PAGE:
He said that with the new Democratic trifecta, both the content and intent of climate legislation will change.

“We don’t get to introduce bills that are just messaging bills anymore,” Morgan said. “We have to introduce bills that can really pass, and have been thoroughly vetted by our residents and stakeholders here in Lansing.”

Rep. Donavan McKinney (D-Detroit) said he’s particularly excited about legislation aimed at expanding community solar programs, and ending the cap on rooftop solar.

Right now… “only certain people in certain communities that don’t necessarily look like me, nor my community, are taking advantage of the federal dollars that are coming in,” he said. “The state needs to be able to do the necessary logistical setup, and we have to pass these policies, in order to get more funding from the feds.”

When asked if the Sept. 26 deadline required to apply for federal dollars is unreasonable, McKinney said he believes it’s possible.

The ranking Republican on the Energy, Communications and Technology Committee said the Governor was “gaslighting” Michigan residents with her “disingenuous green dream” into believing there aren’t mammoth consequences to rushing to renewables.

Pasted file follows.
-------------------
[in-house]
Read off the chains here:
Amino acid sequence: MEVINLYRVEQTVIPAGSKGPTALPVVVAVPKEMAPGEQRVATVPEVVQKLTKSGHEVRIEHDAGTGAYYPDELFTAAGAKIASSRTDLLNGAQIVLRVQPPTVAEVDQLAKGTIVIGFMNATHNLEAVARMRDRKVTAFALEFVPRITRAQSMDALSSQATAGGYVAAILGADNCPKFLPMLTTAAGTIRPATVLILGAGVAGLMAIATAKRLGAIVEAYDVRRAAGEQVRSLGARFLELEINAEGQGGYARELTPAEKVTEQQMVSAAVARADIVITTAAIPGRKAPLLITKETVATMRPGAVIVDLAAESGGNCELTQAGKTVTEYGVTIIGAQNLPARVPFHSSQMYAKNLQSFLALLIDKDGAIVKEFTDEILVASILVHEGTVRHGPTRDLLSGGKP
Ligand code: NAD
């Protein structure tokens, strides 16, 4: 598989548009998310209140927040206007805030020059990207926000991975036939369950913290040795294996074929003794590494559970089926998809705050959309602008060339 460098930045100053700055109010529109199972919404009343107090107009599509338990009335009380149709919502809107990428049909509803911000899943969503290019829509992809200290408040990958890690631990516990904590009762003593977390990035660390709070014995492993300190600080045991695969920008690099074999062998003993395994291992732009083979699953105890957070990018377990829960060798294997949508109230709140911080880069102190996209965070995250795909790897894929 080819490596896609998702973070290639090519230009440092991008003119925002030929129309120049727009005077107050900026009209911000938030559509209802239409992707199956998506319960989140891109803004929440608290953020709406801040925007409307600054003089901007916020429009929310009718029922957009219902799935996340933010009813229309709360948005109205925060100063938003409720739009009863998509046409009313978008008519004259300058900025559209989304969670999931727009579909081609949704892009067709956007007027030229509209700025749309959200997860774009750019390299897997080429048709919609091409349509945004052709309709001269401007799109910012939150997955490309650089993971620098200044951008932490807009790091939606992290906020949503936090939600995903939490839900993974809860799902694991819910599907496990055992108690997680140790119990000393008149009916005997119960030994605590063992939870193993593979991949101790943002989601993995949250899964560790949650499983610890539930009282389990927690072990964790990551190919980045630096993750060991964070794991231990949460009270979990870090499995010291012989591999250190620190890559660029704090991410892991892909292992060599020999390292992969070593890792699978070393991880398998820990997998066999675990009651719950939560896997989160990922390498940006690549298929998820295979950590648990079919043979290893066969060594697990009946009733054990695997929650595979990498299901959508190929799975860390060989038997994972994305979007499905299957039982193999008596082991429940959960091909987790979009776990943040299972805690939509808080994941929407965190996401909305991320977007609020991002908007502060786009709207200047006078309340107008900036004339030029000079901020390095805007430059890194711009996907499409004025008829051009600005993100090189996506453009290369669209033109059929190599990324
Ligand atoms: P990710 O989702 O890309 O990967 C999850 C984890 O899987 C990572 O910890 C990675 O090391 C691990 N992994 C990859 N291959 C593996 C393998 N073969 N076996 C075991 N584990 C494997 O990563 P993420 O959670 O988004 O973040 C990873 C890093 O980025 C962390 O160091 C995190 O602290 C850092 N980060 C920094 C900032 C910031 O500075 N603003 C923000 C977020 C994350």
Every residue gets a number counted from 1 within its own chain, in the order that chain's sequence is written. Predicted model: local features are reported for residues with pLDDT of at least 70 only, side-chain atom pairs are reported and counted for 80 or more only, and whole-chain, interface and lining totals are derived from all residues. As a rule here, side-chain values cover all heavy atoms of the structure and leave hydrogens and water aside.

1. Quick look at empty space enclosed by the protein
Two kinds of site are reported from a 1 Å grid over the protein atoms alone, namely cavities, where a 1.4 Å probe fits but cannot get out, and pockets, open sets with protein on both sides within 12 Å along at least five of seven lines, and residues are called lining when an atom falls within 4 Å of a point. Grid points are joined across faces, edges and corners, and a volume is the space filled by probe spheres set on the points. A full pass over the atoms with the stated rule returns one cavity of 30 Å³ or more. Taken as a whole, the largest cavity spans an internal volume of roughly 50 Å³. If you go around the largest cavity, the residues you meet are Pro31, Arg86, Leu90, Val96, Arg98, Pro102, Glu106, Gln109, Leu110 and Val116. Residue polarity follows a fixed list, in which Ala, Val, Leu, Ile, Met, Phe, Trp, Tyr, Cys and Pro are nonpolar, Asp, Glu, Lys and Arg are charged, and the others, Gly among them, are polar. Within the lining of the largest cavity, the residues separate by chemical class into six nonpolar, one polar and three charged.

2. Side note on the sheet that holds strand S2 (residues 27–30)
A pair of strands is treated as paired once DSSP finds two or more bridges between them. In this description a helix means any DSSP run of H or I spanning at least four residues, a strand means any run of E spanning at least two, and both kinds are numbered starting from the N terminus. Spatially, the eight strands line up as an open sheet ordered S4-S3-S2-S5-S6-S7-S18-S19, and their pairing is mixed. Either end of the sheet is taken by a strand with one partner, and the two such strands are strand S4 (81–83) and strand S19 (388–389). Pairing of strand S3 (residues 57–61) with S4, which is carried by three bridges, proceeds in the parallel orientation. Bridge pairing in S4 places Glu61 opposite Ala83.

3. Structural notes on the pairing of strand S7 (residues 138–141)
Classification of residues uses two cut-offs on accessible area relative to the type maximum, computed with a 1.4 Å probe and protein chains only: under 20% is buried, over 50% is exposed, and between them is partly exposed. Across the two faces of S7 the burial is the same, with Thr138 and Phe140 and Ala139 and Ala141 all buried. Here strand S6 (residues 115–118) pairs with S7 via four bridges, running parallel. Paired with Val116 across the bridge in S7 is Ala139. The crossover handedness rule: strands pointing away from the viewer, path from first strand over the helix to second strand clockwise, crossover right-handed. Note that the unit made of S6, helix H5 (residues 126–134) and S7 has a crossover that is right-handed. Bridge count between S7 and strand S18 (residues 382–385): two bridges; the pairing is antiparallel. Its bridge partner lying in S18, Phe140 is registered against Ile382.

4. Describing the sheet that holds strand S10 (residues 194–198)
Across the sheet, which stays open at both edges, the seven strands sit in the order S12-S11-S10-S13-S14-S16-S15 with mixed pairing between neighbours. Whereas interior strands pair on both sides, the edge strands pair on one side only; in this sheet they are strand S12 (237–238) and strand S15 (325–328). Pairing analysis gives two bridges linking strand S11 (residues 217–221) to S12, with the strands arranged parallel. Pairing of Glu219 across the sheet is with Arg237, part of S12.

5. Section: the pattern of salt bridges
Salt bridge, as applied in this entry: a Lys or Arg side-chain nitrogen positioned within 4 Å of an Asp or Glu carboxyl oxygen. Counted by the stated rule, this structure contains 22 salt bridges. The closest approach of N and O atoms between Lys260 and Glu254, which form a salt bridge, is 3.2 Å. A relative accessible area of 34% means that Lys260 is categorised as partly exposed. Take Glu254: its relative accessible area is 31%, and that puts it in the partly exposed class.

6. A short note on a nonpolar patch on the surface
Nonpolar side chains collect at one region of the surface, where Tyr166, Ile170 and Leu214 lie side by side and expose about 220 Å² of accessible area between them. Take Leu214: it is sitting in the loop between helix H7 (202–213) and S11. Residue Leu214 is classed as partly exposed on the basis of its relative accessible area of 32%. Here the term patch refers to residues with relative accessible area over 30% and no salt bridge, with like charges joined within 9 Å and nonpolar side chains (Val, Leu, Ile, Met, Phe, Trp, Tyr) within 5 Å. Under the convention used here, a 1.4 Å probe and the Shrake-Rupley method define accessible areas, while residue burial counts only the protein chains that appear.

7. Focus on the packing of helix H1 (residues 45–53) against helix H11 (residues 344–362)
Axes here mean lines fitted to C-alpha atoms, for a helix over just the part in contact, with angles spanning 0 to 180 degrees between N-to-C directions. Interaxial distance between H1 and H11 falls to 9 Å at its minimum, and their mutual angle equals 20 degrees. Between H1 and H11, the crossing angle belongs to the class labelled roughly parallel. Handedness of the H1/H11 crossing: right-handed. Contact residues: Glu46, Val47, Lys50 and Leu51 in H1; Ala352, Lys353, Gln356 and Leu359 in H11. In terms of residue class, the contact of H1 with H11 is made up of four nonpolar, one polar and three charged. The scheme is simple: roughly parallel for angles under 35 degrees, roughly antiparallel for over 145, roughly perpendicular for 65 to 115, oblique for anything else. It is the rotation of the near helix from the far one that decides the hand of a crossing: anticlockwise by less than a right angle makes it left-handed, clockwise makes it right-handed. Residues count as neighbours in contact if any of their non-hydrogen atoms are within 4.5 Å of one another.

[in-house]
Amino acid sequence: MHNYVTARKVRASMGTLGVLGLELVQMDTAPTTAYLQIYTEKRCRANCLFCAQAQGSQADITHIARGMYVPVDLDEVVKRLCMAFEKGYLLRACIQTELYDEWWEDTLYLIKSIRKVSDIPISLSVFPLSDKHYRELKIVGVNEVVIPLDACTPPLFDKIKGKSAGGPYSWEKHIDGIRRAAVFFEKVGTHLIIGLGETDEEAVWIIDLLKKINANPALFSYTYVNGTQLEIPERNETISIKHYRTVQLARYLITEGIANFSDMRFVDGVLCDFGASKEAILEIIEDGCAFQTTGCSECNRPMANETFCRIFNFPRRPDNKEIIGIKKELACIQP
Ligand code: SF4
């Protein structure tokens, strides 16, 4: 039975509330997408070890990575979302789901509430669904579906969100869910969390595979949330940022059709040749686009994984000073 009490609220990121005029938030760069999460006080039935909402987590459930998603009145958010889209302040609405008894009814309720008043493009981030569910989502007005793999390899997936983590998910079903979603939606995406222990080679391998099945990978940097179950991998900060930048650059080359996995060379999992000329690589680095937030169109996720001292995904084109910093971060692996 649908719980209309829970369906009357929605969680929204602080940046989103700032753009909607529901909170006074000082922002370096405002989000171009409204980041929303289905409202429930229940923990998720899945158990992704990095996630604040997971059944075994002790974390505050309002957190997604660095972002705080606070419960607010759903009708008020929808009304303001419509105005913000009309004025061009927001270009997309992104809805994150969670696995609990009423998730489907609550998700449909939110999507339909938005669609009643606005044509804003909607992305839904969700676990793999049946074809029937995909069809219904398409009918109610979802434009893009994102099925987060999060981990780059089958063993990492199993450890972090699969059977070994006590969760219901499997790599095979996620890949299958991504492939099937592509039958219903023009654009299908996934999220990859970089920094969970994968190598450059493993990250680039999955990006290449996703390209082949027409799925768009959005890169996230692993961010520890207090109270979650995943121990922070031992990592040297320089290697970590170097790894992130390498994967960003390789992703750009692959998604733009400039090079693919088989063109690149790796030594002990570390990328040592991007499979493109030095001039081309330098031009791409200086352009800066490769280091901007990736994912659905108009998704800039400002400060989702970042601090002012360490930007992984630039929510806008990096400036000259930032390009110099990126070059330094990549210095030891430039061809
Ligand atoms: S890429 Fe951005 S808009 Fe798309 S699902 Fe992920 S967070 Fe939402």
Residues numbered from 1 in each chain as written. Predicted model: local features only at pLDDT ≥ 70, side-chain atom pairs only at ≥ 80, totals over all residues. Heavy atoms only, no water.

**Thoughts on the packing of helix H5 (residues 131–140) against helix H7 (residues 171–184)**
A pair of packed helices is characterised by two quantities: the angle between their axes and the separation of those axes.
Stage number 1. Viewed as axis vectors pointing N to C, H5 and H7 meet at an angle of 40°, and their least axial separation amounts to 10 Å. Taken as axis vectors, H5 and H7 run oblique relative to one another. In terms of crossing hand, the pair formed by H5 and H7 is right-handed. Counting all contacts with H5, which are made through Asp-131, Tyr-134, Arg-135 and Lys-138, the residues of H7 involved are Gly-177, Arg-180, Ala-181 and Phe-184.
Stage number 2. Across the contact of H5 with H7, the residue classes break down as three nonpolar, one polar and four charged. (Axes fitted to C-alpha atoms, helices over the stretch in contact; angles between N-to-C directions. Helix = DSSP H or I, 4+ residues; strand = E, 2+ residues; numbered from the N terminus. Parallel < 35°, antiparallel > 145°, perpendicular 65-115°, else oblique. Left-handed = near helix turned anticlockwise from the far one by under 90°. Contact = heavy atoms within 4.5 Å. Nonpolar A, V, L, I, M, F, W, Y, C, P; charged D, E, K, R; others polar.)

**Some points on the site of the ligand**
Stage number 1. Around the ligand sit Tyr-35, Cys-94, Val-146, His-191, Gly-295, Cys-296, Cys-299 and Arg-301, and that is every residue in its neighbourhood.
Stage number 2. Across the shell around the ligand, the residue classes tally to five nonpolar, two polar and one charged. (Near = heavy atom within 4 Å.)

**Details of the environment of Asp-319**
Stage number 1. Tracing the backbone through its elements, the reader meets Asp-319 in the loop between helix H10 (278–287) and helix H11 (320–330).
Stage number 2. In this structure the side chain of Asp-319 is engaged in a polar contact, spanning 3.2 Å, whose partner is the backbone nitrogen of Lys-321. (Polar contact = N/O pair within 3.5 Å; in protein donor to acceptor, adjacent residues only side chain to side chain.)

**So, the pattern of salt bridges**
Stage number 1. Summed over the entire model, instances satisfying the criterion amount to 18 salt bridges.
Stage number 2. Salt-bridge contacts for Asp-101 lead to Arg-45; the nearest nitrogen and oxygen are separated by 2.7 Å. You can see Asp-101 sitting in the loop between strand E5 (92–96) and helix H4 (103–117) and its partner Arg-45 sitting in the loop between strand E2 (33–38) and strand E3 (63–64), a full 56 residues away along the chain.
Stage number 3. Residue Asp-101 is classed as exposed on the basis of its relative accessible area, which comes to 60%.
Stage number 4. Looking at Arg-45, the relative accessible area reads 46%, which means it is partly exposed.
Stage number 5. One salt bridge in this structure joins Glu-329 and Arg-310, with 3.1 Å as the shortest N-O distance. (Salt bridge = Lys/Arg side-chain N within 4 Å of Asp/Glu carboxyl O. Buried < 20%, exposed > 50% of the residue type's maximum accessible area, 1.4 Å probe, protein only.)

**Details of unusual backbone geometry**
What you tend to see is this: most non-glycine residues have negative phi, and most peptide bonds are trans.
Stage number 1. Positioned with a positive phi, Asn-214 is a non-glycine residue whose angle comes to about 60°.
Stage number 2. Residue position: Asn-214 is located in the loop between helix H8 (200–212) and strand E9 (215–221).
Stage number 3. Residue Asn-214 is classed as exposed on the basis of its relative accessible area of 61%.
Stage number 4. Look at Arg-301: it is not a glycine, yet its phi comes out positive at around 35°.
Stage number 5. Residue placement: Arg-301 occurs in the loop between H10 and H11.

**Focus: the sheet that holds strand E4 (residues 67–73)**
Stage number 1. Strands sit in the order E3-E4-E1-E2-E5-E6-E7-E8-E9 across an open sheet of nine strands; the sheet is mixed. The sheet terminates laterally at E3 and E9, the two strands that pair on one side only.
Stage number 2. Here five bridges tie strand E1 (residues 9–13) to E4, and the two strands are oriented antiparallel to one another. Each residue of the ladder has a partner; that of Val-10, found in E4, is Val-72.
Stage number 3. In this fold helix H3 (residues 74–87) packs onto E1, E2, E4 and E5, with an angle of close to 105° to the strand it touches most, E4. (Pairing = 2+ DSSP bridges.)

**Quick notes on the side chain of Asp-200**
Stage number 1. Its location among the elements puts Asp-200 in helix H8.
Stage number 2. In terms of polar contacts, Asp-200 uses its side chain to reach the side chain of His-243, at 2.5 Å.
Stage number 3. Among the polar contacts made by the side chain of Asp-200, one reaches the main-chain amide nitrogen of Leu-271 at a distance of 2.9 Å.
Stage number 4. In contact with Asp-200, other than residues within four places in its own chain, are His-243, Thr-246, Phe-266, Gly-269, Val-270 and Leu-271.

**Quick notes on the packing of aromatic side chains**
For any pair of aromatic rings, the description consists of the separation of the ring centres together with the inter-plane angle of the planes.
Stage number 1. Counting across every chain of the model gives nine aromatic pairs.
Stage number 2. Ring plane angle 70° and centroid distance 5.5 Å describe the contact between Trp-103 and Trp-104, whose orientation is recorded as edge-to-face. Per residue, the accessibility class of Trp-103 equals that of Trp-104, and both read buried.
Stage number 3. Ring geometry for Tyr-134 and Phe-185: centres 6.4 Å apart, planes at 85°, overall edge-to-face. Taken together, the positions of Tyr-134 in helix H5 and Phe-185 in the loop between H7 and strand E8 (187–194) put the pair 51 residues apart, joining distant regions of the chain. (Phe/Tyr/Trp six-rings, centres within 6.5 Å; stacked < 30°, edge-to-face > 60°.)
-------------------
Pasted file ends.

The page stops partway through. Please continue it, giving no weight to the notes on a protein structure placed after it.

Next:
“The projected cost of constructing all-new ‘green infrastructure,’ coupled with the abandonment of reliable sources like natural gas, propane and biomass for base-load energy generation, is expected to amount to hundreds of billions of dollars,” said Rep. Pauline Wendzel (R-Coloma). “Once the ‘free’ federal funds run dry, Michigan taxpayers will inevitably bear the financial burden with increased monthly utility bills.”

Rep. Phil Green (R-Millington) expressed concern that there are two sides when it comes to constituent response to energy policy.

“She’s (Gov. Whitmer) fielding phone calls on one side, I’m fielding phone calls on the other side,” he said. “Elderly people are very concerned, very concerned about the rising cost of energy and how that’s going to affect them.”